Perseid meteor shower: ESA capture peak of event
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Budding astronomers can catch the Perseid meteor shower, one of the most highly anticipated and observable stellar events, at its peak tonight. The shower started in midsummer this year and will last for more than a month in total as the Earth passes through the Swift-Tuttle comet trail. Meteor numbers and rates increase every night between July 16 and August 23.
The Perseids only reach their peak, known as a “maximum”, for two days.
In 2021, people can catch the Perseid maximum between August 12 and 13.
According to the Greenwich Observatory, clear skies will yield “bright and fast” meteors tonight.
The constituent Perseids will show up as streaks thanks to their light as they manifest “trains”.
And they will pass at a rate of roughly 150 per hour as they reach their peak.
Accounts suggest successful viewers will join 2,000 years of observation, despite the shower’s official discovery in the 19th century.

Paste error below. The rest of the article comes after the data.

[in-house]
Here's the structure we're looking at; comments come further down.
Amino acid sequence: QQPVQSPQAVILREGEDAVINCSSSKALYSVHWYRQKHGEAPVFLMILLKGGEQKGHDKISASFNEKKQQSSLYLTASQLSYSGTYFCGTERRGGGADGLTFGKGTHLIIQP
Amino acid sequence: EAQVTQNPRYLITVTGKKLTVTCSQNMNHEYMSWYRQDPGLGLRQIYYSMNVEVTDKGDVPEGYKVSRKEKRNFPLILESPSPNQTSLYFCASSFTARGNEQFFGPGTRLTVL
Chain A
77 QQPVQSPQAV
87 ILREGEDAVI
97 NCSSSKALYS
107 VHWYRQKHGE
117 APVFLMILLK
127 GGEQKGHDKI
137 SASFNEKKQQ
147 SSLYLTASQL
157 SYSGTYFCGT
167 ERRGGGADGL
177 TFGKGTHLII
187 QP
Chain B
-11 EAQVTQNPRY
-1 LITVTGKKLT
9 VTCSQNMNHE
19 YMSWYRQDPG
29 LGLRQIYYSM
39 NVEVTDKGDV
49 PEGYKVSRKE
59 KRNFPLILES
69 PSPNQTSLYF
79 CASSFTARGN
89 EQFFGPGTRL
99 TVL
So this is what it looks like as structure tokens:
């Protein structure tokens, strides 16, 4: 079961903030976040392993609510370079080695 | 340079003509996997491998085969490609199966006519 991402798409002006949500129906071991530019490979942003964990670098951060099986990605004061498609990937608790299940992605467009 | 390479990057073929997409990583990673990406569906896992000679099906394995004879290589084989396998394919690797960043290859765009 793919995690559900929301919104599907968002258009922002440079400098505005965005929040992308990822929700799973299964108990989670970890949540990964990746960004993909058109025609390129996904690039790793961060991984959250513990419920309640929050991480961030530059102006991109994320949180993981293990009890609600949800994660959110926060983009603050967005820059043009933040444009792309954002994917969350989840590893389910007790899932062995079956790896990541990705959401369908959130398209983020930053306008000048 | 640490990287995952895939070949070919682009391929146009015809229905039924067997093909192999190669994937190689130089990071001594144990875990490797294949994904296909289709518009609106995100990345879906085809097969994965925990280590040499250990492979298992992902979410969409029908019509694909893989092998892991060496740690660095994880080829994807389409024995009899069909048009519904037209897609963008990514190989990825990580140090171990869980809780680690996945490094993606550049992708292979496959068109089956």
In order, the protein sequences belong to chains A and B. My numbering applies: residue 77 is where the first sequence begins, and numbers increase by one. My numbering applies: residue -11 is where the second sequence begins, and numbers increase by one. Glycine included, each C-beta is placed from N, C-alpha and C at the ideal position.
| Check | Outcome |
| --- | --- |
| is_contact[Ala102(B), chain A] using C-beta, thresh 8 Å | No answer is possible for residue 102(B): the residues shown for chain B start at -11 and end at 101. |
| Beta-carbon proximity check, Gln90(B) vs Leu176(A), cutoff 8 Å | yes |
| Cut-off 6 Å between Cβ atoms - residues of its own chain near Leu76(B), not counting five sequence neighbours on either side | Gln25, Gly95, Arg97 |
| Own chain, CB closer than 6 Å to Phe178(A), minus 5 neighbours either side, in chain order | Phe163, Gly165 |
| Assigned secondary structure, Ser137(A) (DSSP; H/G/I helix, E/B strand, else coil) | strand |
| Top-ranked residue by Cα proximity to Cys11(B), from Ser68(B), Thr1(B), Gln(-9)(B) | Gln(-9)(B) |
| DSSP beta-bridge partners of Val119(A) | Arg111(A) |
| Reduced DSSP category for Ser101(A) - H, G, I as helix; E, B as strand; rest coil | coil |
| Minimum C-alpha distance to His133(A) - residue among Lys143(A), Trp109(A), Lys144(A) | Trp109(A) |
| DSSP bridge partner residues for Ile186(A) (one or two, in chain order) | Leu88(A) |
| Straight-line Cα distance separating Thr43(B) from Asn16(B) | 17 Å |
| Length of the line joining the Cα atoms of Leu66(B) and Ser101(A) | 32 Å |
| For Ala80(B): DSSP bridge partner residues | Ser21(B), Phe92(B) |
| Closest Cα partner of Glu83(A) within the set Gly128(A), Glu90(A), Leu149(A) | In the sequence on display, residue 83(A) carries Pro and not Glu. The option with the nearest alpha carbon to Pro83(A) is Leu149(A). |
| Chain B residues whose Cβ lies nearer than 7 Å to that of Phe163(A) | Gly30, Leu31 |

Not everyone will get to catch a glimpse, however, as they will need specific conditions to align.
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6.15pm update: What time will the Perseids reach ‘maximum’?
Dedicated astronomers will have been keeping their eyes peeled for the Perseids since last month.
They won’t reach their peak until tonight, however, and won’t be at their most visible until the night is darkest.
The Greenwich Observatory states the best time to watch is between “midnight and the early hours of the morning”.
They specified people will have the best opportunity around 12am to 5.30am.
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